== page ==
This adds something to my piece on clusters, which I see as an ingredient of how things will be in a future in which there is no growth in prosperity.
Having suggested clusters as the way forward, it is a different matter to say how things would then turn out. Such prognostications must be seen as no better than science fiction.
We are all used to growth. We are used to the notion that, when there is growth, the amount of money circulating within an area gives an indication of the prosperity of people within that area.
But what will happen when there is no growth? What does no-growth mean? When prosperity is not growing will people see consumerism as less important than how they feel about how things are? Will wellness or well-being become all-important, rather than how much disposable income people have?
Although there will be no national growth there will still be areas of growth. Elsewhere there will be no-growth or decline.
People will move from areas in decline to those seen to be better. This is nothing new – it was always so. In my own experience, for example, in the 1960s there was an area of mid Wales where there was no growth. People had moved out, when the slate quarries closed, leaving cottages behind which became derelict and for sale for around £100 (at that time new-build estate houses in better-off areas sold for around £5,000).
After a while, with increasing disposable income (funded by debt) these areas became clusters of second homes and holiday lets. This increased the money in circulation locally and the well-being of established residents improved. Now the area looks to be declining, albeit propped up for the time being by tourism and EC funding.
Getting more money circulating in an area which is seen to be “dying” is important if the aim is to reverse the process of decline. For this to happen, conventional thinking on what is good for a locality must be turned on its head. Attracting capital and revenue spending into the area become important. Allowing outsiders to have houses built, for second homes or letting, will help to improve the well-being of an area. But this may not be enough.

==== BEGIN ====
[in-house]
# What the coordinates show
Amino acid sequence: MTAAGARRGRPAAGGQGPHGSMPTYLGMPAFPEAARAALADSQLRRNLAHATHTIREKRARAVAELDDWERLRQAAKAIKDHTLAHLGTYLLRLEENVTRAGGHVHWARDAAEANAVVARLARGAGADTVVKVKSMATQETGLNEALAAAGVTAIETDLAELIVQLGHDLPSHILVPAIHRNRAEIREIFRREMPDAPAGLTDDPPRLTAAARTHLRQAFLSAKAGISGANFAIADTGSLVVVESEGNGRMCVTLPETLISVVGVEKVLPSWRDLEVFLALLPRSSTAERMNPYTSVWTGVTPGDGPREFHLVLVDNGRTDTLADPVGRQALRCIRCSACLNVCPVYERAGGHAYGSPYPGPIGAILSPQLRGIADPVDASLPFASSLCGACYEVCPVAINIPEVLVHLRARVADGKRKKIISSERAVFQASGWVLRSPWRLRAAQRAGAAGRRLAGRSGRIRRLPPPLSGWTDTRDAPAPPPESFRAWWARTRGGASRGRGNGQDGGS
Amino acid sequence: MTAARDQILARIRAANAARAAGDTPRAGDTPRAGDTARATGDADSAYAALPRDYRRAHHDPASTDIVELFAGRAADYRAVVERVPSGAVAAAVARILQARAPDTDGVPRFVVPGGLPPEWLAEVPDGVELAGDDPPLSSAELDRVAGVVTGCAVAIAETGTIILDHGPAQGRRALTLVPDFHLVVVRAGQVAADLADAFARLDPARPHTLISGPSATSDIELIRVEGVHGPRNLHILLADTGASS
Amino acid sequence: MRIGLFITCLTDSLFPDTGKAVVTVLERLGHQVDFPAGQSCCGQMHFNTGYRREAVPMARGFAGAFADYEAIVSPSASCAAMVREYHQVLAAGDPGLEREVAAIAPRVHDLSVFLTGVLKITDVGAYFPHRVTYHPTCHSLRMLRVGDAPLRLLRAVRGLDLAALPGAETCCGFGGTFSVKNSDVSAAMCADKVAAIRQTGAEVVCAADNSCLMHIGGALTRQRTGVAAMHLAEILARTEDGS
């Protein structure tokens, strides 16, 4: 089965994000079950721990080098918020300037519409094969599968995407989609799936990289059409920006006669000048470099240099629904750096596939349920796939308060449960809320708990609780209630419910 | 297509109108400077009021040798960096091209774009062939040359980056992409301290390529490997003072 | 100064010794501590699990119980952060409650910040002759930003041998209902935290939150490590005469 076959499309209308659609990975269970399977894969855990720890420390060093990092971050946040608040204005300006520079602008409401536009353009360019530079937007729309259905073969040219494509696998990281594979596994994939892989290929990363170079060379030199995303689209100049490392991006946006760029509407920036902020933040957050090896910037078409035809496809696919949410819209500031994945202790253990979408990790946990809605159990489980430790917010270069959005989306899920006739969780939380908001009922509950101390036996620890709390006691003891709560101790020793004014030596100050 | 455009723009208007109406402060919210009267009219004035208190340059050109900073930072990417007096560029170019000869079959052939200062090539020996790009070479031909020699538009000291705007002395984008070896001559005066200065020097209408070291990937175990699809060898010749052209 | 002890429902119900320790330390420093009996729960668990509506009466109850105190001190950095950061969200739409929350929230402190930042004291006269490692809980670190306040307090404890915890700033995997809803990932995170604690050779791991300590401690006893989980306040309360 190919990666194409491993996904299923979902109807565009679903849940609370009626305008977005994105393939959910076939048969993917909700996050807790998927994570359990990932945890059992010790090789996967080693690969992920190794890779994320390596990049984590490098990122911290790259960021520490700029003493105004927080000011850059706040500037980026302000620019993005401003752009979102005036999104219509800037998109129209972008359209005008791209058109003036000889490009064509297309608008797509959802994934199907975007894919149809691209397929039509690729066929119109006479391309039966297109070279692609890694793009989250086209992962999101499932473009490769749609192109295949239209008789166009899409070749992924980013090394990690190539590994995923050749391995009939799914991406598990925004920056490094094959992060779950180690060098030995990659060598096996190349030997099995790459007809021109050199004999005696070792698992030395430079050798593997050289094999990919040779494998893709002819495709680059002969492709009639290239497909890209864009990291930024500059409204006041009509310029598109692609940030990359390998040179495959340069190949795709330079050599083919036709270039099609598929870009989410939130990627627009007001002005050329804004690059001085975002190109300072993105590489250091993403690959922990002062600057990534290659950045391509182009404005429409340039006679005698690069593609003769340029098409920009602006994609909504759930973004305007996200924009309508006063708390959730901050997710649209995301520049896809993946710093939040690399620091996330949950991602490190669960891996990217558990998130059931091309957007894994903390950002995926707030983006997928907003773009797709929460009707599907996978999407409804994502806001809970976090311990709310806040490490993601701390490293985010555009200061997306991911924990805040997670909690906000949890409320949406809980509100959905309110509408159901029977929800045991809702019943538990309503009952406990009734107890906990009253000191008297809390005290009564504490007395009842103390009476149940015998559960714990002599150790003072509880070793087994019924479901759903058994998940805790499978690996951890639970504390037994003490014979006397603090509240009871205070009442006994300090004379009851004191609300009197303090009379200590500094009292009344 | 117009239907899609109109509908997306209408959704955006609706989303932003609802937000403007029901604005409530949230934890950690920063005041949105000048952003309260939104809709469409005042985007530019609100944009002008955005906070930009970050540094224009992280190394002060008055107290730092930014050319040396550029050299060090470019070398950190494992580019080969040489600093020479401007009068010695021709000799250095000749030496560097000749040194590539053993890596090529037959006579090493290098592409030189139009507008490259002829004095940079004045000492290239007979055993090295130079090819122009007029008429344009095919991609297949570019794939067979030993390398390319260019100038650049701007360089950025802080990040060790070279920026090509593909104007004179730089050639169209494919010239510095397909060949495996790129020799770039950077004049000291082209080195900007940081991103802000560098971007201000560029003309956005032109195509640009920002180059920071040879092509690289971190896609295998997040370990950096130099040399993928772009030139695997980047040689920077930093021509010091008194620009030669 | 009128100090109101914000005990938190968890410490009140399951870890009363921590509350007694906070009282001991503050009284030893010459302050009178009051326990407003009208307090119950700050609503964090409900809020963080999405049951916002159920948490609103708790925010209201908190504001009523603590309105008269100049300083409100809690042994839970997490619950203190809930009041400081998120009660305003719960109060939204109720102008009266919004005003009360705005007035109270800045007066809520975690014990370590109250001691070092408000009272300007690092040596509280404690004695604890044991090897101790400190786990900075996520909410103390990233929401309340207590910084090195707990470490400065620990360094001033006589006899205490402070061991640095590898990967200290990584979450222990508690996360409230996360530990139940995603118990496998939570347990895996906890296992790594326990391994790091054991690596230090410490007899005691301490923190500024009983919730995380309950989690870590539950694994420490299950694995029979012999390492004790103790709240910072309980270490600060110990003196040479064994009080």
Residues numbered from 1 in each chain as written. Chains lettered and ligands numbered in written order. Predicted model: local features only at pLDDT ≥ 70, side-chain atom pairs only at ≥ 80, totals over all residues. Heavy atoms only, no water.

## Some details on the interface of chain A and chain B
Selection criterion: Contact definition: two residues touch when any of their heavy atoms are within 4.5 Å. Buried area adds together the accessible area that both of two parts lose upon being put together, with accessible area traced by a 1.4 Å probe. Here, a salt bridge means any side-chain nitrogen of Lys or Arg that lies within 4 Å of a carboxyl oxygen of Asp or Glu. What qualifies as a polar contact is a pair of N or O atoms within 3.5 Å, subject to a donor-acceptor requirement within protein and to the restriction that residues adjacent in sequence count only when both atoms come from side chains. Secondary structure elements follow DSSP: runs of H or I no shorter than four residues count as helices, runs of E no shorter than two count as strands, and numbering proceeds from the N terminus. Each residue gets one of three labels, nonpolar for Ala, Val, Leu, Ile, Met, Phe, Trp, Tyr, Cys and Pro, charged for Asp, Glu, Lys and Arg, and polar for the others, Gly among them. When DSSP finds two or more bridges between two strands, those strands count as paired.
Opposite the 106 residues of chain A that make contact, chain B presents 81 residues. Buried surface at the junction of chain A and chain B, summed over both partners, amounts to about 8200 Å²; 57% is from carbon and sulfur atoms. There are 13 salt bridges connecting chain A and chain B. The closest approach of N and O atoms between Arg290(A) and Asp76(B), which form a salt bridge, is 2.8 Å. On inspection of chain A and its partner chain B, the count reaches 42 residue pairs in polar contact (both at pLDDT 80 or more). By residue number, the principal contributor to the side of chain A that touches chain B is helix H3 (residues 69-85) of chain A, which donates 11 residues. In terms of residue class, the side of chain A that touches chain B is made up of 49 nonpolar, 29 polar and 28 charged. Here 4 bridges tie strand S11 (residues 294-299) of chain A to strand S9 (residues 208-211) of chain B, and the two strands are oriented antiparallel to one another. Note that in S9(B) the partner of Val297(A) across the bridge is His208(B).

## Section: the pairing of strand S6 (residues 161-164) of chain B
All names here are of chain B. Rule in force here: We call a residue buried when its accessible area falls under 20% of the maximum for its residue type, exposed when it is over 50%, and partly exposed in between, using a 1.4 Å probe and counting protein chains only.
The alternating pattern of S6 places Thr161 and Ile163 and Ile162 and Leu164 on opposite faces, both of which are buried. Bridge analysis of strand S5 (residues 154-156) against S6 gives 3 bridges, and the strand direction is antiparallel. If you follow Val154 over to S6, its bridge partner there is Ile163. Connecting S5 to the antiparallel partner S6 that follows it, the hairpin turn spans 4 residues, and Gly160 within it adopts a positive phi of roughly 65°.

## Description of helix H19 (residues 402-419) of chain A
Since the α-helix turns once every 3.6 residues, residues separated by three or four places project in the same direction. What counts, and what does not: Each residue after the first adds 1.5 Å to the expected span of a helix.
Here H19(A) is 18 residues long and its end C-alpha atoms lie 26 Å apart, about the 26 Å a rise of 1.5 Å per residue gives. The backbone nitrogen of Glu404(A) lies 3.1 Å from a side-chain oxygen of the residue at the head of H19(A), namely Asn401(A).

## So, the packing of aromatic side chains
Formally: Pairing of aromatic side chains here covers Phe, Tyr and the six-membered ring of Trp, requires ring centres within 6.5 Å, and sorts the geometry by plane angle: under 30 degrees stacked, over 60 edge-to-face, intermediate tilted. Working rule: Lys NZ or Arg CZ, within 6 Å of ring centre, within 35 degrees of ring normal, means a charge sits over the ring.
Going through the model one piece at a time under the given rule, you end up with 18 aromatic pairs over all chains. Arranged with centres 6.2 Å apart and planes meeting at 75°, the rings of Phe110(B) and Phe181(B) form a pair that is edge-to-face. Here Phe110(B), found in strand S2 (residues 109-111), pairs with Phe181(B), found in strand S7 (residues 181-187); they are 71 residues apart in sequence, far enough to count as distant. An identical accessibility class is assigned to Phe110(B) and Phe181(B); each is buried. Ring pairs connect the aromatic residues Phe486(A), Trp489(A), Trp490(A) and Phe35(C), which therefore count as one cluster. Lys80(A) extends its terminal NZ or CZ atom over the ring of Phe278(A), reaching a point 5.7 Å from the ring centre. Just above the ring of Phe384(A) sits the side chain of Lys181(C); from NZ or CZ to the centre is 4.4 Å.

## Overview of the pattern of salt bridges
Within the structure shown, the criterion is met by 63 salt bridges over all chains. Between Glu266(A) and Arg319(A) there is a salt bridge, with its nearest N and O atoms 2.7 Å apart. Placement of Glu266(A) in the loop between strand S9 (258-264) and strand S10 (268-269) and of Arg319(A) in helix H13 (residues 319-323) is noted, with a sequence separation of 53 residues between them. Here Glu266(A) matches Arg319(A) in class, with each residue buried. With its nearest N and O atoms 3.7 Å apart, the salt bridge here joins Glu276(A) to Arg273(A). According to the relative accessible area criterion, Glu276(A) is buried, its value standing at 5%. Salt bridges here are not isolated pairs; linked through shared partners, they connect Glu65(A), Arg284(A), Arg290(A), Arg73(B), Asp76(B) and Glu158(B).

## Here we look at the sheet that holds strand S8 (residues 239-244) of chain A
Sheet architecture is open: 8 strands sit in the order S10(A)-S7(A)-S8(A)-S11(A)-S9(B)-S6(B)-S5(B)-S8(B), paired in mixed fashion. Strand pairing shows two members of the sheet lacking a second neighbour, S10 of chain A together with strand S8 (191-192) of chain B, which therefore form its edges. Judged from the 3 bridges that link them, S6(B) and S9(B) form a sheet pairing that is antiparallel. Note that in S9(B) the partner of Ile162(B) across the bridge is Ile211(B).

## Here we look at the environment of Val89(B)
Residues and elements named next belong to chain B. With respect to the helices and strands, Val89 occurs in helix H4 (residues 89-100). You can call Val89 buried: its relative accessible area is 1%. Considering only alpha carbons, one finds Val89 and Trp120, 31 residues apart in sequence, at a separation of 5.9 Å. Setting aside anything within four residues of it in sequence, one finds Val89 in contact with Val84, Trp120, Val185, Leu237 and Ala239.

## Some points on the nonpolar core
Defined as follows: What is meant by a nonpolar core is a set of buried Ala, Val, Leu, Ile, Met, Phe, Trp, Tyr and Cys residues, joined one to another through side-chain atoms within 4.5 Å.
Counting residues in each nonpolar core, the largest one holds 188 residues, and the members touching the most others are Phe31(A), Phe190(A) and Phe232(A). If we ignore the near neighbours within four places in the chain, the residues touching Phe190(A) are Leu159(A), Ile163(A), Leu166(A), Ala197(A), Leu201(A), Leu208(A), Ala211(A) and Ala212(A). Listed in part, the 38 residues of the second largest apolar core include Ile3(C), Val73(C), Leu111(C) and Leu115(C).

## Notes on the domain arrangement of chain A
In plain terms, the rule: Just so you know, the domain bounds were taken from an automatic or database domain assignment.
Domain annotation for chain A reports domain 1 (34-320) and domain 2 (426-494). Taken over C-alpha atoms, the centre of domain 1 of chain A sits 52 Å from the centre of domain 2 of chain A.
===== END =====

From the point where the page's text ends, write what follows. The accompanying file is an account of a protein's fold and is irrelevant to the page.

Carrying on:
Spending on local public services is now reducing and local consumer spending is expected to reduce. This must be made up by a change of local mindsets, from money to perceptions to do with human energy and happiness. Energy spent growing and processing food and making things. Energy used for bartering, for giving away (freecycling) and for familial sharing. Getting resources of all kinds circulating locally, not just money, will lead to perceptions of better well-being.
For any of this to happen, top-down development control must be changed fundamentally to enable local resource circulation to develop, as suggested in my piece on clusters.
From the grassroots, subjective perceptions of well-being will then replace objective measures of prosperity. How this will play out in reality must be a matter of science fictional speculation.
Note: Those who have a top-down mindset may find it difficult to see that top-down concepts, such as classical economics, have no place in the world seen from the bottom up. The word “economic” is used from the bottom up to describe the financial efficiency of pursuing a particularly line of action. Thus “it can be more economical to join with other like-minded people to do something.” I have deliberately avoided the use of this word, hence my use of the phrase “well-being”. Which I sense is consistent with current thinking by economist Kate Raworth on doughnut economics. She suggests that “we need an economy that makes us thrive, whether or not it grows”.
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